When Manny Hernandez opened The Tamale Spaceship food truck in 2011, he could only dream that it would go brick-and-mortar, becoming The Tamale Station, in Wicker Park. The food truck was a necessary way to generate income during the recession, but now it’s morphed into a thriving restaurant and catering business. Hernandez, who has fun creating unusual tamale recipes, says love for the work is behind his success. “We’re consistent and we’re original, and I think Chicagoans see that, but mostly it’s a level of dedication and a love for what we do,” he says. “Knowing that the people in Chicago appreciate what we do makes me feel very lucky and happy.” As business has expanded so quickly, Hernandez and his crew plan to spend 2016 perfecting the existing elements, especially the burgeoning catering business.
The more Starbucks open, the more Starbucks become megaplex intersections, shuffling those car-bound to drive-throughs and those curious to wine and small plates…the more there’s demand for local roasters and shops that pay attention to detail. Dark Matter, with three Chicago shops, roasts beans good enough for Alinea. Jesse Diaz parlayed a barista job into a fast growing coffee operation. Dark Matter has the latte art, vibrant decor and fair-trade focus needed to separate itself from the good ship Pequod. Diaz is also a tinkerer, mixing passions for beer and beans. He’s created unicorn-blood espresso with Three Floyds beers in mind and an eventual collaboration with them. Another time he hopped up, as in those kinda hops, a cold brew. All coffee bars are not the same, and the self-taught Diaz is working to keep it that way.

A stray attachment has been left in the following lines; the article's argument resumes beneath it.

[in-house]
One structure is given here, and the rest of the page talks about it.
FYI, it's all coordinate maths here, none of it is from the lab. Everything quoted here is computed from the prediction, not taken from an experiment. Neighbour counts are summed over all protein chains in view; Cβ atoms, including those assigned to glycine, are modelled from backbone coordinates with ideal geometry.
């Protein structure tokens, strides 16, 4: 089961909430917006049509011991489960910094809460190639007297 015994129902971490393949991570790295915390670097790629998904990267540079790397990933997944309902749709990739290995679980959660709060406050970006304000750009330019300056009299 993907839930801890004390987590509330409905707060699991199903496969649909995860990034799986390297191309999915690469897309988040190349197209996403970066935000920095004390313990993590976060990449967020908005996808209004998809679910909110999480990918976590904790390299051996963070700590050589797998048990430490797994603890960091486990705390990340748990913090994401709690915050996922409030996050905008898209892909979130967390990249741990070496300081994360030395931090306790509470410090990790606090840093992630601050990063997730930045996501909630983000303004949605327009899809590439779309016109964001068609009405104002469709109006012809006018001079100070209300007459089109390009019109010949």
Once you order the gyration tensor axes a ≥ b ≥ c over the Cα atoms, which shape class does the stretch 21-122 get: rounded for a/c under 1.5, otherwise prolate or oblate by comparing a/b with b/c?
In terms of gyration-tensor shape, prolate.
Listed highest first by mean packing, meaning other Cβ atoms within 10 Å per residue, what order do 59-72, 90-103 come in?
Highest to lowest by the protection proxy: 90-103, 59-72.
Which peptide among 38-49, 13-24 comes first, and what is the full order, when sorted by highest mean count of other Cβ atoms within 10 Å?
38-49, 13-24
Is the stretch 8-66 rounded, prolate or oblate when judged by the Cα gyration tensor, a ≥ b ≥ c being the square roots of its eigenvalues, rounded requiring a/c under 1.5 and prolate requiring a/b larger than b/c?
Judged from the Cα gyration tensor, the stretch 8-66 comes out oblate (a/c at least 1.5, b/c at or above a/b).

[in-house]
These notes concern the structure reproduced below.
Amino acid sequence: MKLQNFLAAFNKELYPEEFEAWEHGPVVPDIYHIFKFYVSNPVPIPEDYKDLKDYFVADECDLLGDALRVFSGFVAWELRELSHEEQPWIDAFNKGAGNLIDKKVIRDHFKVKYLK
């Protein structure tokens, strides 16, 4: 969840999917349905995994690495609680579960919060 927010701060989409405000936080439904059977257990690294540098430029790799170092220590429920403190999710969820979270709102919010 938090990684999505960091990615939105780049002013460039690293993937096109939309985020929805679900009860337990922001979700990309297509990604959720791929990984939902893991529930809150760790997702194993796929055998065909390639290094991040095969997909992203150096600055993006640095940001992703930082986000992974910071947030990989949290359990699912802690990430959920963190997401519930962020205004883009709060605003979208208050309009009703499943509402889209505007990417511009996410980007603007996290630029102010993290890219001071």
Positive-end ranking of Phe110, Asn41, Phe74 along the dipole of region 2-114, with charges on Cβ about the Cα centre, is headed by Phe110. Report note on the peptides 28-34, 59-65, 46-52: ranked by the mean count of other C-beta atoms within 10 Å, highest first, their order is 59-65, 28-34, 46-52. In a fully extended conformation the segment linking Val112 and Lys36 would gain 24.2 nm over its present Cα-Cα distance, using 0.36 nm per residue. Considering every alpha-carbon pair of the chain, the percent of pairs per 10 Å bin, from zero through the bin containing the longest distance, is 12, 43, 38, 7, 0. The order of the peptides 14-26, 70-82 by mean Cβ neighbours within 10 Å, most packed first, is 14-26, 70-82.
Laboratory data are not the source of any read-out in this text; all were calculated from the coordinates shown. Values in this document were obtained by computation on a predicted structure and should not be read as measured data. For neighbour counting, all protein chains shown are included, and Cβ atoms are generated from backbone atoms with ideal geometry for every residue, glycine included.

Dining and Drinking Editor for Newcity, David also writes a weekly food column for Wednesday Journal in Oak Park and is a frequent contributor of food/drink and travel pieces to the Chicago Tribune, Plate Magazine and other publications. David has also contributed chapters to several books, including Street Food Around the World, Street Food, and The Chicago Food Encyclopedia. Contact: email@example.com